Robert Irlinger, head of BMWi: “On course to sell 140,000 electrified vehicles in 2018”
“If you want to be innovative, you have to be brave. Be ahead of the market, set the trend instead of following it”, says Dr. Robert Irlinger, head of BMWi, the German manufacturer's electric mobility brand in an interview to Fleet Europe at the 2018 Geneva Motor Show. Here's how BMW aims to stay ahead of the pack.
BMWi derives much of its prestige from the i3. Launched in 2013, the B-class hatchback was BMW's first mass-produced zero-emissions vehicle (also offered with a range-extending petrol engine), and one of the best-selling EVs so far. “Some of our competitors are only now entering the electric market. Was the i3 too early? I'd say it gave us an innovative edge. It was just on time”, says 'Dr. I'.
What lessons has the i3 taught you?
“Failures are lessons to do better next time. The message is: be bold, stay focused and take the story to the next level. And you have to be brave, go full-speed in a direction even if the market trends are not yet stable. For example: we have just decided that we'll fully invest in electrification. In the near future, you'll be able to buy an electric version of any BMW – either as a full-electric car, or as a hybrid”.
When is this going to be?
“From, let's say, 2020 or 2021 onward. By then, all our plants and our entire architecture will be electrified. Compare that to our competitors: they only offer electric versions of individual models, or single platforms”.
Just looking at other German brands, Mercedes-Benz is developing the EQA and VW have just announced a Golf-sized I.D. How will BMW compete in the 'electric' C-segment?
“The BMW Group will market an electrified Mini in 2019. In contrast, neither VW nor Mercedes will have an electric car out next year. They're talking about electrification, but not yet delivering”.
“We'll offer an electrified X3 in 2020, and – as already communicated – we will have 12 fully electrified vehicles by 2025. They will range throughout the entire portfolio, also the competitive C segment”.
How is BMW dealing with the challenges of battery technology?
"The battery is the key component of an electric car. That's why we just invested over €200 million in a Battery Research Centre, near our BMW Engineering Centre in Munich. We've done this because we are convinced that we need to fully understand battery technology, down to the chemistry".
"Meanwhile, we source the batteries - but only the cells themselves - from international suppliers, mainly in Southeast Asia - Korea, China. EV batteries are about much more than range or energy. It's about battery behaviour and durability. Some batteries may get weak after two, three years - but because of our high specification demands, you'll never get that with a BMW electric car".
"In our R&D, we're researching the next step beyond lithium-ion; yet that technology still has great potential. Most of the electrified cars up to 2025 will have lithium-ion batteries, with real-driving ranges of up to 500 km, and power of up to 500 kW".
Does your investment in the Battery Research Centre mean that you'll be making your own battery cells in the future?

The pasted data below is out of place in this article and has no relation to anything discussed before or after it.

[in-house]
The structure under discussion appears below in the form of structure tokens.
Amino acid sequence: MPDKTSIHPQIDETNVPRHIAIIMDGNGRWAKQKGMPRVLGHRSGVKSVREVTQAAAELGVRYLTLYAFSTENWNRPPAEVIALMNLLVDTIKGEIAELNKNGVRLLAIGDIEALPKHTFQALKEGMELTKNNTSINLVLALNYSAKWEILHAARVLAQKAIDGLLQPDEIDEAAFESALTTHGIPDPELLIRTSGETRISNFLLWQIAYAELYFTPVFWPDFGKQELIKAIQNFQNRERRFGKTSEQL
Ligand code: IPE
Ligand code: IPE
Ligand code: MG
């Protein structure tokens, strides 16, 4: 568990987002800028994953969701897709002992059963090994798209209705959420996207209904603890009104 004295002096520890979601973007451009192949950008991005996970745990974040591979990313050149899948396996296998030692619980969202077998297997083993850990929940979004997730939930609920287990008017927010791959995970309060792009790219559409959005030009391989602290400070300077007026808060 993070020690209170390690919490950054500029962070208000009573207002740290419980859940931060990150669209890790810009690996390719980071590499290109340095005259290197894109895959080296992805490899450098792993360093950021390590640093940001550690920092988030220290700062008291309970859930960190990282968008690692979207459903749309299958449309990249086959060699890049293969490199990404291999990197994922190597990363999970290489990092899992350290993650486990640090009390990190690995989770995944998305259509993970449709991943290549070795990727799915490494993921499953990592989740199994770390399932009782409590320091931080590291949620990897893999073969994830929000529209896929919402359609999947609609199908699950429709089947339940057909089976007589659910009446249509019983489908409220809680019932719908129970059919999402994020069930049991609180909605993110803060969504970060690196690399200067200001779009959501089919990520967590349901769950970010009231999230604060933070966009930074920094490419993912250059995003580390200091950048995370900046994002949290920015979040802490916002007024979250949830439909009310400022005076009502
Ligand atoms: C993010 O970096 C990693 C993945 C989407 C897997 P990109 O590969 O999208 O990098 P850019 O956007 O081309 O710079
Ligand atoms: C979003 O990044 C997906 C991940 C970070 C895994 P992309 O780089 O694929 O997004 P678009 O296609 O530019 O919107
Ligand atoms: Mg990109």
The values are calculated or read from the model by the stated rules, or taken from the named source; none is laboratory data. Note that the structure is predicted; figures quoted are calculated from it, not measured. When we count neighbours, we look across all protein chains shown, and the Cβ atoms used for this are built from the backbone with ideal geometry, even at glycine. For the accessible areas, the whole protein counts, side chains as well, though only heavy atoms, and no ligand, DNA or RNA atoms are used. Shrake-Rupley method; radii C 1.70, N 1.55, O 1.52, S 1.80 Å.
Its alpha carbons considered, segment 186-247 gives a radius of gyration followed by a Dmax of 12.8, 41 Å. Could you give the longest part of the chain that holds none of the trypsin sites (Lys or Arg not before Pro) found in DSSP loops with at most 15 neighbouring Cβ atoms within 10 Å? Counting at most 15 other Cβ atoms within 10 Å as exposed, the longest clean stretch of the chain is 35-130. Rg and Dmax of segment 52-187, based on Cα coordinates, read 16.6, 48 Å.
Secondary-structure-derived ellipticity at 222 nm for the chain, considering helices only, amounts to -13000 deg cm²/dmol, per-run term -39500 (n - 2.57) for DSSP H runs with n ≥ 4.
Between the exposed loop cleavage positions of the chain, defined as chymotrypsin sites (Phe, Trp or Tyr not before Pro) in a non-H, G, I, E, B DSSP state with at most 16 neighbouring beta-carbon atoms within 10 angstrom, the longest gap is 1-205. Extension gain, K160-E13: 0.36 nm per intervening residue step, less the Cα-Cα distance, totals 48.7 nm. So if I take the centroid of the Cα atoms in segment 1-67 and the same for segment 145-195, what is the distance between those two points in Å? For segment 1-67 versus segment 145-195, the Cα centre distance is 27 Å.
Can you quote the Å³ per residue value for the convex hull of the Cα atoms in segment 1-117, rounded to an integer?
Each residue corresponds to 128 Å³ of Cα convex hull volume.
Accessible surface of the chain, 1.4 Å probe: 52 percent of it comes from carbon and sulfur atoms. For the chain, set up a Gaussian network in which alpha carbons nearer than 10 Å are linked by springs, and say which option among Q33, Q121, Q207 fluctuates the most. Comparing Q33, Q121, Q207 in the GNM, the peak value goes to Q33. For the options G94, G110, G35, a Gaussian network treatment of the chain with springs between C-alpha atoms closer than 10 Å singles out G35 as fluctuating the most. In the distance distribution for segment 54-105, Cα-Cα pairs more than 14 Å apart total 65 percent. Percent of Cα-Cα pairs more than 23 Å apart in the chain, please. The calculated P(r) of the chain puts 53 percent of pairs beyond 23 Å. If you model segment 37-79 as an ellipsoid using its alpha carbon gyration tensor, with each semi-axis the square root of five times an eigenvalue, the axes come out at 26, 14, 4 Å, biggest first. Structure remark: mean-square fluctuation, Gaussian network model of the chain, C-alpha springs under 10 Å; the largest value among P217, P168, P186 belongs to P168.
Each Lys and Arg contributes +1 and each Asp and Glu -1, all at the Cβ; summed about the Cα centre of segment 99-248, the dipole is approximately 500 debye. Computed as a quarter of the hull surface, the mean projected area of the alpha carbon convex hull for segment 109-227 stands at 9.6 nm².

"We will be able to do so, but the corporate view is that it's not the right choice at this time as there is a very good battery supplier market".
The BMW brand if firmly associated with driving pleasure. But for many drivers, pleasure equals combustion engines. As you move into an autonomous, electric future, how will you square that circle?
"My answer is very simple - just drive an i8. The combination of combustion and electric powertrains takes driving pleasure to a totally new level. Driving pleasure is about more than just power. It's also about handling, agility, cornering, etcetera. And that, you will have in every BMW".
"And when it comes to autonomous driving, it will always be up to the BMW customer to choose whether or not to drive autonomously. You will have the option to enjoy driving as you know and expect it. And then you have the option to switch a button, and the car will drive you. And that will be as much a joy as actively driving a BMW".
Talking about autonomous driving: when will BMWs with Level-3 autonomy and beyond come onto the market?
"We'll launch the iNext in 2021, a high-standard Level-3 car. The iNext will also have Level-4 and -5 autonomy in pilot fleets around the world. Working toward that point, we already have autonomous cars on the road, but we do not talk about that; we only talk about it when the car is ready for the customer".
What does BMW-i have up its sleeve to create an ecosystem for corporate clients and companies?
"Everything we offer on a 360° level to private customers, we offer to our fleet operators via Alphabet, the BMW Group's leasing subsidiary. That includes building up your charging infrastructure in your car park. They not only lease cars, but also charging equipment - all within the framework of AlphaElectric".
"Just a little ahead in the future, our customers - private and corporate - will be able to share their cars, using their smartphones as intelligent key systems. Sharing cars will become very easy, and that will be very interesting from a fleet management perspective".
Now that you mention sharing: do you expect a few years down the line that all cars in BMW's car-sharing programme DriveNow will be electric?
"Some local DriveNow fleets may be 100% electric – the one in Copenhagen already is. However, electric mobility is developing at different speeds all over the world. Internal-combustion cars will remain part of many if not most DriveNow fleets. But it's a fair question - car-sharing is an important catalyst for EV breakthrough. There is no easier way to experience an electric car than via a car-sharing scheme”.
Last year, BMW sold more than 100,000 electrified vehicles. What's your target for 2018?
"More than 140,000 - and we're on course to achieve it!"